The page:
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Friday, November 25, 2011

Properties of Polyvinyl Acetal

The adhesive strength of polyvinyl acetal/phenolic adhesives cannot properly be considered without having regard to component ratio. It is, for example, commonly believed that increasing the acetal ratio (beyond some arbitrary limit) decreases tensile shear strength at elevated temperatures. To a certain extent this is true, but the presence of residual solvents, the inherent properties of the phenolic resin together with completeness of its cure, are other parameters that must be taken into consideration.

In bonding metal the tensile shear strength at room temperature on aluminum alloy, magnesium alloys, and steel including stainless steel, is among the highest that can be obtained. Heat resistance is not particularly high, but experience over many years has proved to be adequate in the bonding of brake lining, an application in which it probably improves with image. The polyvinyl acetal/P.F adhesive systems are excellent for wood and thermosetting plastics except the silicons.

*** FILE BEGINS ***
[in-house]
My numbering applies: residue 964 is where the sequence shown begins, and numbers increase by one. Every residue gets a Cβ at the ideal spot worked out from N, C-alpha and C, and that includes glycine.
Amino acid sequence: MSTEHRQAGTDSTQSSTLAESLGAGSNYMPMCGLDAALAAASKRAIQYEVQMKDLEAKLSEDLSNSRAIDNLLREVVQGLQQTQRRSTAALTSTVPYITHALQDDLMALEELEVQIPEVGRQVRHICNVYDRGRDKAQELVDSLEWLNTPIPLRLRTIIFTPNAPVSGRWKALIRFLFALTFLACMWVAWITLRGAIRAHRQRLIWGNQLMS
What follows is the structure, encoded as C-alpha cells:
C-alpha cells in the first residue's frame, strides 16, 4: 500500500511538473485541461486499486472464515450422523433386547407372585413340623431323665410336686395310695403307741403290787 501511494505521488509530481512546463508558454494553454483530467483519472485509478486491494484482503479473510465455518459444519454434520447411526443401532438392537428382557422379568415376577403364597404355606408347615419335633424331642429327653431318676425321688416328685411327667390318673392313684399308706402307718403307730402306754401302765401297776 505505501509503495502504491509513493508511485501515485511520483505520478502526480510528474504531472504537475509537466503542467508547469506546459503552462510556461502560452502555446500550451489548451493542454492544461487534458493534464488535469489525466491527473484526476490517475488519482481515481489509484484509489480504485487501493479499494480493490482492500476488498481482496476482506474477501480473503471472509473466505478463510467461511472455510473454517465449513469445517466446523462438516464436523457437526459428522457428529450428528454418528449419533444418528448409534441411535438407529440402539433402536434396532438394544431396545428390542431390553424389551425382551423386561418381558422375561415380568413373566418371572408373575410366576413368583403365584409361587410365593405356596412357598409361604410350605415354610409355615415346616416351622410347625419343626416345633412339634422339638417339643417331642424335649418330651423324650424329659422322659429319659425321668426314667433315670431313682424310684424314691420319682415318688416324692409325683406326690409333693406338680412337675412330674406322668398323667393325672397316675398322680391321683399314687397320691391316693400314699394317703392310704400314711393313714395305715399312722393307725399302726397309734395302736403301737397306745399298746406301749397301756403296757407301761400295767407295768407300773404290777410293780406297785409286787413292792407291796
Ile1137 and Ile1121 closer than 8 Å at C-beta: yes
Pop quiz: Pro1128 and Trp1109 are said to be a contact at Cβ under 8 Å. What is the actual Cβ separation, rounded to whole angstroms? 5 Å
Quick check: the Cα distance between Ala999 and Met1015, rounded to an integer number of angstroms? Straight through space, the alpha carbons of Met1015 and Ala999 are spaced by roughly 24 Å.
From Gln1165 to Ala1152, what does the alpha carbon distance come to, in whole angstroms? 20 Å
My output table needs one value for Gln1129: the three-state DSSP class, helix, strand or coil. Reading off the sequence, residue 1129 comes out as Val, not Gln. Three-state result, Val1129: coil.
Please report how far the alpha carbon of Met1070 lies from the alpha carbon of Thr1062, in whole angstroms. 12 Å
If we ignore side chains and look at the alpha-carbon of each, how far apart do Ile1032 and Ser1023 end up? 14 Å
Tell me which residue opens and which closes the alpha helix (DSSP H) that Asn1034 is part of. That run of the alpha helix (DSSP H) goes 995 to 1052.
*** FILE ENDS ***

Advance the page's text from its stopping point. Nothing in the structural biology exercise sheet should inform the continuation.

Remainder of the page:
In bonding glass, the polyvinyl/phenolic system have been found to give the highest strength of any adhesive, presumably if regard is paid to the P.F. ratio. But for reasons of colors such as adhesive could not be used to replace polyvinyl butyral alone in the production of laminated glass.

Fatigue strength necessarily depends to some extent on polymer ratio but in all cases it is extremely high and practically speaking, much higher than that of the metal used for the test joint. It has been shown that the fatigue life of an acetal/phenolic adhesive is greater at -57oC than at room temperature. Peel strength, however, is lower at a lower temperature, and therefore, contrary to what might be expected, fatigue strength is not directly related to peel strength.